Speaking about consolidation within the industry, Mr. van Lede predicted that we are only now at the beginning of a cycle. "We have the impression that consolidation in the industry is far advanced. However, if we look at the mergers and acquisitions of recent years, we find that this was primarily consolidation among the top 15 companies. In total, the number of coatings company has not changed very much. The industry as a whole is still very fragmented. Akzo Nobel, as the biggest player for example, still has only a marketshare of about eight percent. This means the consolidation process has really just started."
BASF Coatings president Klaus-Peter L�bbe also addressed the audience with a presentation entitled "Coatings innovation for sustainable success." Mr. L�bbe voiced opinions similar to those of Mr. van Lede in regard to how the industry needs to communicate its attributes and look for new ways to insure growth in the future.
"As we all know, we are getting more pressure in the coatings industry from our key accounts, and manufacturers of OEM coatings are facing greater pressure of margins. How do we face this challenge and compensate for this request?"
His answer was "communicate the value we add to the industry." Mr. L�bbe said that in addition to improving processes, BASF's automotive coatings business is concentrating on developing partnerships with a variety of product and service suppliers. "Coatings manufacturers must escape the vicious cycle-don't let coatings become commodities. Coatings are specialties." He said the industry must "communicate this to the market."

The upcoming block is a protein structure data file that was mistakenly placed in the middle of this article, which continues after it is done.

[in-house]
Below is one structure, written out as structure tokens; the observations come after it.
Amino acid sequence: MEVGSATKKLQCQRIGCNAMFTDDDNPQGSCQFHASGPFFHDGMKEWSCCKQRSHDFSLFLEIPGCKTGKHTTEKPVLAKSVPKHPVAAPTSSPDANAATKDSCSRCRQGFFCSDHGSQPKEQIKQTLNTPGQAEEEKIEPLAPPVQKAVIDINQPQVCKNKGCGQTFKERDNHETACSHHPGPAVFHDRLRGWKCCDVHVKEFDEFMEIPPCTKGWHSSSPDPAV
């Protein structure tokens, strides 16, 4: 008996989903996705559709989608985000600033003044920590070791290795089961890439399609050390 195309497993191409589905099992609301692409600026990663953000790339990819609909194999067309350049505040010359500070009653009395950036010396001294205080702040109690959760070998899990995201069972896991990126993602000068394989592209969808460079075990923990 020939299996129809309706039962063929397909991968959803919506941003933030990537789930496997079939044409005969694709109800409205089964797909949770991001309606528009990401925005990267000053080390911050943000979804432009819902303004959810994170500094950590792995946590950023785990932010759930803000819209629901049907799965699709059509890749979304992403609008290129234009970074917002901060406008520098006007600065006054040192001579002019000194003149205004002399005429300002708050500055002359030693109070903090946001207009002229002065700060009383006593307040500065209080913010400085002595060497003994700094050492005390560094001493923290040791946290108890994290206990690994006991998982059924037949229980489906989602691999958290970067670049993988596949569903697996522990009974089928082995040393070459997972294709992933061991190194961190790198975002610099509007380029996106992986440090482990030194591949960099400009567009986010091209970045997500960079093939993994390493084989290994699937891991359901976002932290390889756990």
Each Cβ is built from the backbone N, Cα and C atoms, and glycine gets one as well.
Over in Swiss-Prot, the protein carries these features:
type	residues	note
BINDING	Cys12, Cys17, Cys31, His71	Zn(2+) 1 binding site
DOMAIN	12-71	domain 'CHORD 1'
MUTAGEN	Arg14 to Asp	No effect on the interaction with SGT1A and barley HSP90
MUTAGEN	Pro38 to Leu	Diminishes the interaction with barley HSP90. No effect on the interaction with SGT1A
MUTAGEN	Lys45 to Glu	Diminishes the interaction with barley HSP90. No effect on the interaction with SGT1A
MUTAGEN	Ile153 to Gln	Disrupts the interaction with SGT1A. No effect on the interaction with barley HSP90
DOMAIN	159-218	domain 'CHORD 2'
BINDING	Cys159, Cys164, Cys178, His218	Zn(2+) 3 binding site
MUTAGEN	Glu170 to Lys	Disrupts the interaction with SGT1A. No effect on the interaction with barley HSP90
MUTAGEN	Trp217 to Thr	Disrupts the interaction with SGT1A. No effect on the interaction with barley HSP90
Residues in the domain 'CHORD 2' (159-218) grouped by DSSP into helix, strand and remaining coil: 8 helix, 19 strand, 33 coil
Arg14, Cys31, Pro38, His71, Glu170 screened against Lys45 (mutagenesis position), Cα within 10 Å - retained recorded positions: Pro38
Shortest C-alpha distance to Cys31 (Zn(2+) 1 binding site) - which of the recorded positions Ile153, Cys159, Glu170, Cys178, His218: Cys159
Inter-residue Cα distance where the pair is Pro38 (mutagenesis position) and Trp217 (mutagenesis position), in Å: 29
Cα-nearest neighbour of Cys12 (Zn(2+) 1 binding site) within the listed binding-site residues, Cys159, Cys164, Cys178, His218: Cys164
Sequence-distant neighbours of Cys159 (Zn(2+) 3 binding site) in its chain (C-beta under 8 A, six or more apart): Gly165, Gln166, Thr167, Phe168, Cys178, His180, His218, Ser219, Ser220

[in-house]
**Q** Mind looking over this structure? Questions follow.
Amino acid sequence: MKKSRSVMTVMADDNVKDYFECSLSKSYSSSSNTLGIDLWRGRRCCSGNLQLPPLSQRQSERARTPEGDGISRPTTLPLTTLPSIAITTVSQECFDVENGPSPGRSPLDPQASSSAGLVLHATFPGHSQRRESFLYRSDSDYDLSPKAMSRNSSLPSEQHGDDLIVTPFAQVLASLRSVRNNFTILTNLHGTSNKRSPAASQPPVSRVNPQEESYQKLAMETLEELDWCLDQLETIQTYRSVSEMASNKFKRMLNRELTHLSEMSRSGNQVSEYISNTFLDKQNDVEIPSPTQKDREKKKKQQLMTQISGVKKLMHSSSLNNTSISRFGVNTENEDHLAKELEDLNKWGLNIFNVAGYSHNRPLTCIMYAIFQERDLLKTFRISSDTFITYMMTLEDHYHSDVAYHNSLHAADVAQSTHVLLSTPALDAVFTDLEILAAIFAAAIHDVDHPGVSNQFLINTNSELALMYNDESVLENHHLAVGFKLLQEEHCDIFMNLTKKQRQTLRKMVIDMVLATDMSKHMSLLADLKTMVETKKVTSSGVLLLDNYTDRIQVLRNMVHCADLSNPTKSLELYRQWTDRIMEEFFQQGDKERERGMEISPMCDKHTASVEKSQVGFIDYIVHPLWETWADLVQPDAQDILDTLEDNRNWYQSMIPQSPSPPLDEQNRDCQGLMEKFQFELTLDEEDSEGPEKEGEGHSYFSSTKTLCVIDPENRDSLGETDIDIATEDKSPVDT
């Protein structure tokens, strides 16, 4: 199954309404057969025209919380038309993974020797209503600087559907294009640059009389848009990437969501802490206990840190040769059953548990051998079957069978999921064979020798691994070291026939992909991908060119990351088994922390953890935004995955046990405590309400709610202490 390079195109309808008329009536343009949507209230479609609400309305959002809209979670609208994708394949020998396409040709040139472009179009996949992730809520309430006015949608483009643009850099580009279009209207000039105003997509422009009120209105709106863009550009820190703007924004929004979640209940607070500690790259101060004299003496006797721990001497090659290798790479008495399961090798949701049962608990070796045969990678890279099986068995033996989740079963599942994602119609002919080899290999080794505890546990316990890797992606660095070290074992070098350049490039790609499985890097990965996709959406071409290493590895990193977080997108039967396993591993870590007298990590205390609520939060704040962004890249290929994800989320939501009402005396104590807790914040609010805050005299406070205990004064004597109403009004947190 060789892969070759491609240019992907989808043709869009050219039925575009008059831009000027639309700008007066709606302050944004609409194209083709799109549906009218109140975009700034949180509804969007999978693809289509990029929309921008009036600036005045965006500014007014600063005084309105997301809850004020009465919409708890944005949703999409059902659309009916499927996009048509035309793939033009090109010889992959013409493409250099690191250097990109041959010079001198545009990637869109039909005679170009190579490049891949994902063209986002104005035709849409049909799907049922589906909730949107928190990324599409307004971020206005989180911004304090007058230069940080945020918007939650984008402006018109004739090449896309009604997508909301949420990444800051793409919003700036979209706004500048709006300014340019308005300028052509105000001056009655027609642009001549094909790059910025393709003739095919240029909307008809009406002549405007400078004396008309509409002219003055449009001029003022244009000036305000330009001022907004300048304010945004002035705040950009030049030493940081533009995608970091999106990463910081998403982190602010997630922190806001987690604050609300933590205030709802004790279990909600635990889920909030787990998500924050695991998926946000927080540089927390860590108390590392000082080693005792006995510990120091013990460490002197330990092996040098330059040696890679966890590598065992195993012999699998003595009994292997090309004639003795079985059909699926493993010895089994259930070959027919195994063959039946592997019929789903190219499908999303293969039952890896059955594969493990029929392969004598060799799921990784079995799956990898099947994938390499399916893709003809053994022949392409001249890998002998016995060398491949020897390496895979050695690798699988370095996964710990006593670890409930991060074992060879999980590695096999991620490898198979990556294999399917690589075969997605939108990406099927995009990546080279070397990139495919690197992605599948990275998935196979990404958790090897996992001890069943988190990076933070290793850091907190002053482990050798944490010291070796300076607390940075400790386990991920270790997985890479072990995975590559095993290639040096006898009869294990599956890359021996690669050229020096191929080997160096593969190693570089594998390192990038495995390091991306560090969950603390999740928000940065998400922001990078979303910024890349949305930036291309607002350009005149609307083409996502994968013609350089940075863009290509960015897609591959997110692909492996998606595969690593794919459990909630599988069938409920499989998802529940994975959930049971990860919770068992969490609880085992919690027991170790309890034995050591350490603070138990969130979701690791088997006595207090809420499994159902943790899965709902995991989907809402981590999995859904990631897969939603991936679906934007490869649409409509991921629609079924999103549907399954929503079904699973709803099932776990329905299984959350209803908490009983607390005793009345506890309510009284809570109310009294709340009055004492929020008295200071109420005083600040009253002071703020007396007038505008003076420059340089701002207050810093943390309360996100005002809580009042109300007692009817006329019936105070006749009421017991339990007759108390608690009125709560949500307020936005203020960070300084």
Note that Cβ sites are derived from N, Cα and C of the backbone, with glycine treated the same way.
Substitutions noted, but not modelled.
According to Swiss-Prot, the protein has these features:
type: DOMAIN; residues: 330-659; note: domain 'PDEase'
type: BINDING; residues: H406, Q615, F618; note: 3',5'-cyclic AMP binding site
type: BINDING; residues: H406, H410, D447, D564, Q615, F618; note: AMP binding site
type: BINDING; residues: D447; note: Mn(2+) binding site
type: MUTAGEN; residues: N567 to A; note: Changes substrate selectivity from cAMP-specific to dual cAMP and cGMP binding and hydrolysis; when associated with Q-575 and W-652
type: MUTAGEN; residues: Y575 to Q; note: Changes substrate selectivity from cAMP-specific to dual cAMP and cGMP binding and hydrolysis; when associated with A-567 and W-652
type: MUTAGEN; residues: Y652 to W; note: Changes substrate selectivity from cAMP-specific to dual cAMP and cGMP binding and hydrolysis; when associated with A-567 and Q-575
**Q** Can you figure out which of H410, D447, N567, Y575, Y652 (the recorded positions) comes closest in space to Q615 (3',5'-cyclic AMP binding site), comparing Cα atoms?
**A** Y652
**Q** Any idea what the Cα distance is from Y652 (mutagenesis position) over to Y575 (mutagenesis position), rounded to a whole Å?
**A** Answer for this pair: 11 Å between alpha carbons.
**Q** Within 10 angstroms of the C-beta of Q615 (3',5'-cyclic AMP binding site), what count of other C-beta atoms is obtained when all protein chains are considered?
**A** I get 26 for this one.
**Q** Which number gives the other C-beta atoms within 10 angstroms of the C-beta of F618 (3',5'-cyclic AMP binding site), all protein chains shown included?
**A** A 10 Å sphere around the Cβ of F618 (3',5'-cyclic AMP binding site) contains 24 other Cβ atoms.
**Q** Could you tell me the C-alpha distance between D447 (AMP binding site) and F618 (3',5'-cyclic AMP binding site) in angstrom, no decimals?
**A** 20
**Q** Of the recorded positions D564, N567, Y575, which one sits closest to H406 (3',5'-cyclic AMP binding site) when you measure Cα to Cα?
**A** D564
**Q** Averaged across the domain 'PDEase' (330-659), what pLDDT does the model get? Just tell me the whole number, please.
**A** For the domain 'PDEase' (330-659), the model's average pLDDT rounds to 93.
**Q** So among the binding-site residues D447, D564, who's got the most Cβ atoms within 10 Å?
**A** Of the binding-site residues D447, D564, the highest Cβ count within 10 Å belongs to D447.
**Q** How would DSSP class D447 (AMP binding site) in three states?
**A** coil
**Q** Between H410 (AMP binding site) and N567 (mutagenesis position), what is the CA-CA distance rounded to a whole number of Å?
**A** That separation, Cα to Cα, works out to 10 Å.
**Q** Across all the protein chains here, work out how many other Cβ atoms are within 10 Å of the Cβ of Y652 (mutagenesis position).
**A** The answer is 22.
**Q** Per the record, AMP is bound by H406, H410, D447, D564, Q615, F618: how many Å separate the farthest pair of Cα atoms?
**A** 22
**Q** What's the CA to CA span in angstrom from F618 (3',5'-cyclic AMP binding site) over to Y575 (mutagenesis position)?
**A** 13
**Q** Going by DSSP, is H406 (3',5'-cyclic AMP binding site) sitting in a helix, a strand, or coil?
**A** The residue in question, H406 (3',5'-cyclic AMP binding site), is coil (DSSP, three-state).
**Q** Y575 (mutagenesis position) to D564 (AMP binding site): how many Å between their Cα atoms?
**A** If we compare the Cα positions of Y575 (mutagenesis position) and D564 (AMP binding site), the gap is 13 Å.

On the technology side, Mr. c said there is still room for innovation, such as in scratch resistance of automotive coatings. "We haven't fixed this. We must be honest." Mr. L�bbe said. He also noted that improvements in chemical resistance and adding functionality to decorative coatings could offer ways to help sustain future growth in the industry.
However, Mr L�bbe warned that the industry can sometimes allow itself to to get too focused on chemistry. "When you are focused on technology, you tend to forget emotion. Remember, just don't sell technology, sell emotion. Coatings are key to design and beauty."
Mr. L�bbe explored ways coatings companies could expand their offerings to help keep their profit levels up to par. One example would be to expand a company's stable to include all types of coatings used in automotive manufacture. "For the OEM, this means the car makers can concentrate on the car. It gives the OEM one-stop shopping. "He also suggested providing packages that include service and products.
OEM car makers believe it is good to have strong and innovative suppliers," Mr. L�bbe said. "This gives us an opportunity to play more intelligently in the future."
Forecasting the Future
Selling paint today is vital to success, and so is being able to predict who will be buying your paint tomorrow. Attendees at CEPE's conference were given a glimpse into the psyches of their future customer base by Carl Rohde of Utrecht University and Joseph Coates, a noted expert on forecasting future trends.